Nicky Hager's new book comes as no surprise to local election candidates who are well aware of the "dirty tactics" used in politics.

Investigative journalist Nicky Hager had on Wednesday released his book, Dirty Politics, which features leaked emails between National Party figures and right-wing bloggers.

Mr Hager said anyone who read the book would find chapter after chapter of remarkable things Prime Minister John Key had done and had to answer for.

Tauranga National MP Simon Bridges said based on what had been reported in the media about the book it contained several conspiracy theories and unfounded allegations.


"I agree with the Prime Minister. Voters would see it for what it is," he said.

United Future candidate for Bay of Plenty Ben Rickard said it was disappointing but not surprising to hear what goes on behind the scenes of parliament.

"We are all pretty hard-working normal people who care about solving problems we face, which gives me hope for the future of politics."

However, he said there needed to be a "change of culture" within parties and new standards of behaviour set by political leaders to eliminate the kind of activity read about in the book.

Independent candidate for Tauranga Rusty Kane said as a left supporter he believed Hager's book had big implications for National just before the election.

"Hager's book shows John Key's senior press officer Jason Ede's actual job seemed to consist of activity which was highly unethical and in my view illegal, which also questions the Prime Minister's involvement.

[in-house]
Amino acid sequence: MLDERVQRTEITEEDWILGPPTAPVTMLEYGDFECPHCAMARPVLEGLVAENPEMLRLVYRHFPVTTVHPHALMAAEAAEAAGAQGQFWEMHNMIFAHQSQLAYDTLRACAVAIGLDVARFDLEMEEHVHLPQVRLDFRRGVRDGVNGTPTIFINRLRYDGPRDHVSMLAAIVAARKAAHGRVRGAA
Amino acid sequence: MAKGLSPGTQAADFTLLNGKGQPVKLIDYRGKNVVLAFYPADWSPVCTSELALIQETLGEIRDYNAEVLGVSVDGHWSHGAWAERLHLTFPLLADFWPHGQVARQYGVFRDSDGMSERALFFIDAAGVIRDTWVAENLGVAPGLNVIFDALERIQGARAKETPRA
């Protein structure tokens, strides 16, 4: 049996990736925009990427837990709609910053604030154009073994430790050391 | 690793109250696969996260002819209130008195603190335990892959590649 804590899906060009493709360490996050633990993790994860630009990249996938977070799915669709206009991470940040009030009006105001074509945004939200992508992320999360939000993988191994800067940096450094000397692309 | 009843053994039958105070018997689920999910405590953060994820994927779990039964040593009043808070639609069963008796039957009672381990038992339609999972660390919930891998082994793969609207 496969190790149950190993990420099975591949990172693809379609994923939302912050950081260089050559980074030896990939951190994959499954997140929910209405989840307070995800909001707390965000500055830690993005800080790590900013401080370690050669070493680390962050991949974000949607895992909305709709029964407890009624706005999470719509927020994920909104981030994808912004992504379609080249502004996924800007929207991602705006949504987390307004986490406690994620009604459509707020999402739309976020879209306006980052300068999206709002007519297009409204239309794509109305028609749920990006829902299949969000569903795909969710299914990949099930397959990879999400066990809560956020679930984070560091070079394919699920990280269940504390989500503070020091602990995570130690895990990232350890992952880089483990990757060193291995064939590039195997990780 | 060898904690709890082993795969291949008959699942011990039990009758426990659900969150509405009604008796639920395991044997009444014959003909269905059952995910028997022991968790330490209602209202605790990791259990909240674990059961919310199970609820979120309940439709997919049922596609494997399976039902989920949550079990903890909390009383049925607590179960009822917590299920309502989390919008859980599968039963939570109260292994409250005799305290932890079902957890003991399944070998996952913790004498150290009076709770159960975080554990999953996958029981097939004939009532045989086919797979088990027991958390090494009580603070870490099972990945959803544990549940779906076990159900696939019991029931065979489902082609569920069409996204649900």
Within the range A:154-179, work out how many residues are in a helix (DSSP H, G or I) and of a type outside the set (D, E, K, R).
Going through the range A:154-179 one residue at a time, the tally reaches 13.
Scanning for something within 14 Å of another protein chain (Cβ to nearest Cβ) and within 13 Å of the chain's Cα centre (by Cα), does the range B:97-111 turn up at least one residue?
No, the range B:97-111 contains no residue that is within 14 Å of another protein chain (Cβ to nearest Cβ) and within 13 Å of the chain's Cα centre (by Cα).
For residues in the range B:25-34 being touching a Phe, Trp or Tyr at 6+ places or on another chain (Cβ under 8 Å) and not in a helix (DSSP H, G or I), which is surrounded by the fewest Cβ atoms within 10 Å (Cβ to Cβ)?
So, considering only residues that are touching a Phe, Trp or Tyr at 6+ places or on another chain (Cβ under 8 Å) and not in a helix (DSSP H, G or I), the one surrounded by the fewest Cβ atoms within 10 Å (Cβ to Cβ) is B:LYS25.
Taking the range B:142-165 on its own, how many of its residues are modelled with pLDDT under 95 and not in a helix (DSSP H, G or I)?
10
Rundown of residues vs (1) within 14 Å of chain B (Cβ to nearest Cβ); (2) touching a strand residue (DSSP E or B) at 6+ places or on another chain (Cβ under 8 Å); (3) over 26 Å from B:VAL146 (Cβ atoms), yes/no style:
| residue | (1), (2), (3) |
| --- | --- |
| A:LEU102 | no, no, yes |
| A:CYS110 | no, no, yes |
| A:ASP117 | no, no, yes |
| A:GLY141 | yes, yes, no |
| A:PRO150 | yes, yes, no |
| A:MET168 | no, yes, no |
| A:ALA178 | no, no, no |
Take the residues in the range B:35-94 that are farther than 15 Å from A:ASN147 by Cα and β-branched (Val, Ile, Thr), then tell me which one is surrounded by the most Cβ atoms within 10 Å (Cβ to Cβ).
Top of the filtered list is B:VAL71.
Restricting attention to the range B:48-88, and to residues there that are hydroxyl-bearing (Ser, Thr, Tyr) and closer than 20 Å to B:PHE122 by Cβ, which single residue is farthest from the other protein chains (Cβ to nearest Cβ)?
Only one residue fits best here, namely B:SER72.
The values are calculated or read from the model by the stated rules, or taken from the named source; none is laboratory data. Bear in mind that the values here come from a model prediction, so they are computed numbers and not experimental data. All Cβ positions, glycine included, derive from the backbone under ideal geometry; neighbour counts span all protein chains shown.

"The book in my view is well titled "Dirty Politics"."

New Zealand Independent Coalition Waiariki candidate Pat Spellman said the fact politics were dirty was no surprise to anyone.

"The book's contents simply put to paper what we all knew was happening anyway."

Tracy Livingston, Democrats for Social Credit candidate, said Hager had never struck her as someone who would risk his reputation on slander and libel if he did not have the facts to back himself up.

Candidates contacted for this story had not yet read the book.

Street View: What do you think of the timing of Nicky Hager's new book?

"It was good timing. People have the right to know things good, bad or otherwise." - Jeanette Harnett, 63, Brookfield
"It's overkill. Things in that book have already happened. So what? Move on." - Michelle Matthews, 40s, Tauranga
"He shouldn't have done it now. It will cause him problems." - Liz Weston, 60s, Bethlehem
"I personally think the timing is just a ploy to sell his book. It's marketing." - Russell Hayward, 72, Katikati